New York’s powerful labor unions are celebrating today after voters emphatically defeated a constitutional convention.
Every county in the state voted the measure down, handing proponents of holding a convention a defeat by a nearly 4-to-1 margin, sinking the measure 83.2 percent to 16.8 percent with 98 percent of precincts reporting.
“This is a defining moment for the labor movement as it demonstrates what can be accomplished when we all work together, from the public sector, private sector and building trades unions, to the Central Labor Councils and Area Labor Federations,” said AFL-CIO President Mario Cilento.
Unions came out aggressively against the ballot question, which is required to be offered to New York’s voters every 20 years, forming a conglomerate called New Yorkers Against corruption, which focused on the influence of money in politics.
NYSUT President Andy Pallotta pointed at the union’s efforts to mobilize it membership as key to their victory.
“For the past two months, as part of an unprecedented coalition, NYSUT members made more than 500,000 calls from phone banks; knocked on tens of thousands of doors; and distributed literature to their friends, families and colleagues,” Pallotta said. “Everywhere you turned, you saw a lawn sign, a car magnet or a button urging a ‘No’ vote — a sign that NYSUT, and labor, remains a strong force in New York state fighting to protect workers from wealthy special interests.”
Ironically, the unions and interest groups collectively outspent the vote “yes” faction by a margin of two-to-one, according to disclosed expenditures, not including communications within their own union, such as the lawn sign and literature packets they sent to their membership.
Overall, the victory symbolizes the financial and political strength of unions in New York state.
“This victory leaves us well positioned to successfully advocate on behalf of all working men and women because as our opponents know, when the labor movement is thriving we not only raise the wages, benefits and conditions of employment of union members; we raise the standard of living and quality of life of all working people,” Cilento said.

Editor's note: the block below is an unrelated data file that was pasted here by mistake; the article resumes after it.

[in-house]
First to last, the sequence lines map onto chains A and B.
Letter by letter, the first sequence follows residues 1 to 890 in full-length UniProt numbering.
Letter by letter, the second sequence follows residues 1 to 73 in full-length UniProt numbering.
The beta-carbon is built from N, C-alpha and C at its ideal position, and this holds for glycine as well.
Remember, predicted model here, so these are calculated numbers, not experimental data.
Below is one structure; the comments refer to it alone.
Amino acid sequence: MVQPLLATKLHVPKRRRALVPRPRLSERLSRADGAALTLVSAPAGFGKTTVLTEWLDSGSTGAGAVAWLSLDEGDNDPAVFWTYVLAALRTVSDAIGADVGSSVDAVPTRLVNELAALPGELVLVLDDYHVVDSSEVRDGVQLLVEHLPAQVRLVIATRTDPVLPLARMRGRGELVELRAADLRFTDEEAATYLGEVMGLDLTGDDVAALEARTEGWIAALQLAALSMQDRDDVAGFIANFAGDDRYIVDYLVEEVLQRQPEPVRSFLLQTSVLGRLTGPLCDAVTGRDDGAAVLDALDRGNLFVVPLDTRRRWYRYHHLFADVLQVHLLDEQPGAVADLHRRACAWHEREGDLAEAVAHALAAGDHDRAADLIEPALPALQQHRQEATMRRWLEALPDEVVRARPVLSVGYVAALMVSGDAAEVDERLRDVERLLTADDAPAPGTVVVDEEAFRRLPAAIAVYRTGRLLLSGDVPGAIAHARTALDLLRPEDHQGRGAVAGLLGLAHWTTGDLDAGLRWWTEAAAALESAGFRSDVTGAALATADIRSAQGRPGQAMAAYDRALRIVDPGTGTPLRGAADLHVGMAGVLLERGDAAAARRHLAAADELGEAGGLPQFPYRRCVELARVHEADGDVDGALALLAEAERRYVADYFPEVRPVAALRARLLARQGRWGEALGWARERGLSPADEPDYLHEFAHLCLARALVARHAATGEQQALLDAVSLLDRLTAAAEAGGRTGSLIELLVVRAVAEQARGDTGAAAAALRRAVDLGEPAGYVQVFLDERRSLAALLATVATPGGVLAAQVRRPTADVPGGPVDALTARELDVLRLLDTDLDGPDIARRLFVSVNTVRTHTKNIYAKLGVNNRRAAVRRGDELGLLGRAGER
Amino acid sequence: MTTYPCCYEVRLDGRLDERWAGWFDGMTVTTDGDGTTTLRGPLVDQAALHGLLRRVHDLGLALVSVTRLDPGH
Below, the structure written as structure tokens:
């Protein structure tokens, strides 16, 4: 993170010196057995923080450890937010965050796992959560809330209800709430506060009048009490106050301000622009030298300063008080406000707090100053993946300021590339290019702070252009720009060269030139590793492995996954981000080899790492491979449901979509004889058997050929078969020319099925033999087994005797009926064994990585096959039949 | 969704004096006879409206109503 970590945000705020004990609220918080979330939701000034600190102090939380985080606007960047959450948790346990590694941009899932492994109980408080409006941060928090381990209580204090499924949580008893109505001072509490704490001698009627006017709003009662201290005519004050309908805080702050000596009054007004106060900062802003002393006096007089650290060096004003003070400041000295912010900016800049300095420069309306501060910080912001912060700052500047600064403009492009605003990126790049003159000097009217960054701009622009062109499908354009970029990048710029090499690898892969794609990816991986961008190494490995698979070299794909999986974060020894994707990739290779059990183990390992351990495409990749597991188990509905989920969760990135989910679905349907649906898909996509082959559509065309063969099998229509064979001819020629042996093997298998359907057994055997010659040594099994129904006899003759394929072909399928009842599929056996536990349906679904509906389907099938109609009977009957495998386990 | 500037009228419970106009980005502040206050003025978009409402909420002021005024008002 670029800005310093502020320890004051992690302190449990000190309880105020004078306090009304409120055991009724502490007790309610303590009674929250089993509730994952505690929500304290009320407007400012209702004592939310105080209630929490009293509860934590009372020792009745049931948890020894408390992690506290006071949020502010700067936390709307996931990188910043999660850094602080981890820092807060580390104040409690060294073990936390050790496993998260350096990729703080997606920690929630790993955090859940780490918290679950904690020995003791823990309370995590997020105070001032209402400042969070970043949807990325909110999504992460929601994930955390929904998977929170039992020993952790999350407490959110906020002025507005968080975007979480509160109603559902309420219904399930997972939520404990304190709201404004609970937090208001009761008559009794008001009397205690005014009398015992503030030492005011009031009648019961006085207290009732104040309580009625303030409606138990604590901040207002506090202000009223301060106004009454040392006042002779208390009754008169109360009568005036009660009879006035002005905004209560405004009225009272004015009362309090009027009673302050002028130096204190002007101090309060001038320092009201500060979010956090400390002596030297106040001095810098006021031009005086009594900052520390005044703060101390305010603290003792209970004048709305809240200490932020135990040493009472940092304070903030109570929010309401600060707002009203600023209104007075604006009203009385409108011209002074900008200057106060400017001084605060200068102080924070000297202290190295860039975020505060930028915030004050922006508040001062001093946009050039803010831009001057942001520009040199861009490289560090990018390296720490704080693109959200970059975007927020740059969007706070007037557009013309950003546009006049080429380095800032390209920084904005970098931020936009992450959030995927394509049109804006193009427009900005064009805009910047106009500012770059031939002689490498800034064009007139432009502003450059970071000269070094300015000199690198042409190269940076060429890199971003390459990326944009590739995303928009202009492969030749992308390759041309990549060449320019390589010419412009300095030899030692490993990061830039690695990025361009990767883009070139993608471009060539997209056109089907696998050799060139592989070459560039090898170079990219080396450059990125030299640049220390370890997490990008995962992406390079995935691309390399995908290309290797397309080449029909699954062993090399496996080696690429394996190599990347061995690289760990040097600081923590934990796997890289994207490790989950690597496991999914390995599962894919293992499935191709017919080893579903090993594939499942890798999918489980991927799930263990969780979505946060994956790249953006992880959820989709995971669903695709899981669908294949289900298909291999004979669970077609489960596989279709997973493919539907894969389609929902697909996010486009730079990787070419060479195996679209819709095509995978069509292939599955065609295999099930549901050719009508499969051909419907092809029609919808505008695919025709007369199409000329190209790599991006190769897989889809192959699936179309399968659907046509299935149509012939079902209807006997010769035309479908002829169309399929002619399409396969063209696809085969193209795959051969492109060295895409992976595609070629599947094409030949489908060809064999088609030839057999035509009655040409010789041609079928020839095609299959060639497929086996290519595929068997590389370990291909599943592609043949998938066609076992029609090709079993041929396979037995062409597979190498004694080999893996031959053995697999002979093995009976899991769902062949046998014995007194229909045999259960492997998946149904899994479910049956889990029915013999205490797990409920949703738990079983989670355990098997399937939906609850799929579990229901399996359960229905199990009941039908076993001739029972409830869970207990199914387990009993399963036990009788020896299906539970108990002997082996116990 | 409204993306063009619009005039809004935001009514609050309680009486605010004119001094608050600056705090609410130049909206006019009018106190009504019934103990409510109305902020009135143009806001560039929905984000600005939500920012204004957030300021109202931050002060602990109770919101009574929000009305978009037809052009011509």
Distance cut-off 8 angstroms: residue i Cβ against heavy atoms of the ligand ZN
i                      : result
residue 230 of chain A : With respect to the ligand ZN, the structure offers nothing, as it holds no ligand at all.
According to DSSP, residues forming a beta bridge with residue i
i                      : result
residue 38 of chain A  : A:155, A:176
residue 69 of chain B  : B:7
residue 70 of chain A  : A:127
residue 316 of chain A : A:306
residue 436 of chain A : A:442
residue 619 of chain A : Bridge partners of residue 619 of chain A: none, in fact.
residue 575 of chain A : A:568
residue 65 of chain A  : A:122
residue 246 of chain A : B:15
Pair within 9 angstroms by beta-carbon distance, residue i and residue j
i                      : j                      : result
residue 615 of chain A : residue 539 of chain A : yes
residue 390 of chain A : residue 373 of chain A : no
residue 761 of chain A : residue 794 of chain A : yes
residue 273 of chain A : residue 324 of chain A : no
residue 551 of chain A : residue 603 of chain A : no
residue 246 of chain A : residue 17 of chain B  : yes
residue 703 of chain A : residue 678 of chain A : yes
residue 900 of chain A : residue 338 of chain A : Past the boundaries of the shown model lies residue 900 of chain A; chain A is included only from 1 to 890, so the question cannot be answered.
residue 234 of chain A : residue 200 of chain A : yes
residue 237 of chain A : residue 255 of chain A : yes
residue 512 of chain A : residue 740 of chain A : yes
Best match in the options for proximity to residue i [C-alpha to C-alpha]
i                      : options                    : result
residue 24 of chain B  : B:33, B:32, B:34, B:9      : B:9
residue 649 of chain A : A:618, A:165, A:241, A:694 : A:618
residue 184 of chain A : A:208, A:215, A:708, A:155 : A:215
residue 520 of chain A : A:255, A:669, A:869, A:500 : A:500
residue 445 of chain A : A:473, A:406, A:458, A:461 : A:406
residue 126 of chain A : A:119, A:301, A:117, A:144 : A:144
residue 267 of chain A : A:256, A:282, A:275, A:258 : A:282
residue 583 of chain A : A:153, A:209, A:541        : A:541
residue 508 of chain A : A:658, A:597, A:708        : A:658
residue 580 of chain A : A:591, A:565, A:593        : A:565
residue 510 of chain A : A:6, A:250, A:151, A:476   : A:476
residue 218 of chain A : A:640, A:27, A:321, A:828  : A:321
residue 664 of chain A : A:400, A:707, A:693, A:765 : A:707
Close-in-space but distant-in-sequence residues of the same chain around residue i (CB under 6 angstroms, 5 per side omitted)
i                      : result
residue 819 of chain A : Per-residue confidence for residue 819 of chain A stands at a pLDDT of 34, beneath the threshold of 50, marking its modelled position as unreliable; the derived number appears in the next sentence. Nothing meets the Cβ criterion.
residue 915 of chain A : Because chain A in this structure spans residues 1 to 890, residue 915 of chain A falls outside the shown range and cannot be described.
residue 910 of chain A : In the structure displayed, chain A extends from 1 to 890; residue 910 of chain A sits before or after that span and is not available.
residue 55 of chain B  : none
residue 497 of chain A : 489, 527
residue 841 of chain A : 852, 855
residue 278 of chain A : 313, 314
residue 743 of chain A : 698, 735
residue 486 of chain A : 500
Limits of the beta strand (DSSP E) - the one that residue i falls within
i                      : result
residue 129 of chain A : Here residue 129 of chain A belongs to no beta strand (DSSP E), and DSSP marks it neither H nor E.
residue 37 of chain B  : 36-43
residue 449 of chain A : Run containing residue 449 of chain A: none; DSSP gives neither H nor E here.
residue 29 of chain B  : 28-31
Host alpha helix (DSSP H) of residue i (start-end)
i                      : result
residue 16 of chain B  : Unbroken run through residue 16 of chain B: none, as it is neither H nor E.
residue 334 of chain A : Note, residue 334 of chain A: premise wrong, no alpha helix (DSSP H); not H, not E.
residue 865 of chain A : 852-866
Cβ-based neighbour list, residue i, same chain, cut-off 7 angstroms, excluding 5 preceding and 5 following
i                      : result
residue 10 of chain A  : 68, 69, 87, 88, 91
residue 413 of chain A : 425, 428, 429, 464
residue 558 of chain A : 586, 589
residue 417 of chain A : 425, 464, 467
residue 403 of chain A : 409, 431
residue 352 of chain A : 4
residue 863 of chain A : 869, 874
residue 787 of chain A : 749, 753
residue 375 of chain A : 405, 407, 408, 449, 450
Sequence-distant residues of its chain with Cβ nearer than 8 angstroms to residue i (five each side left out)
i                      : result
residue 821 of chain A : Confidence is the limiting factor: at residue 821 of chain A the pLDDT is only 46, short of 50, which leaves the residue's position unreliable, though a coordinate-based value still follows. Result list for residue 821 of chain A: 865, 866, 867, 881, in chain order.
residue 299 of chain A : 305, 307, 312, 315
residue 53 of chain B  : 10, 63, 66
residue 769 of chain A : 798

NYCLU Executive Director Donna Lieberman, who worked hard to defeat the convention, hopes some of the issues raised during the convention debate remain part of the conversation.
“The issues raised by New Yorkers on both sides of the Con Con debate must not be ignored,” Lieberman said in a statement Tuesday evening. “Both sides recognized serious flaws in the state of New York’s democracy – most significantly the pervasive gerrymandering that turns our elections into rubber stamps for Albany incumbents. The NYCLU will continue to press for fair, publicly-financed elections and meaningful voting reform.”
While the prospect of a Con Con was handily defeated by the electorate, the other two ballot proposals did see success.
Prop Two, which would allow for the removal of pensions for public officials found guilty of corruption was passed with overwhelming support 72.9 percent to 27.1 percent against.
Proposal Three, which allows for the creation of a land bank in Adirondack Park to help municipalities complete projects more efficiently, saw a much tighter vote before ultimately being approved 52 percent to 48 percent.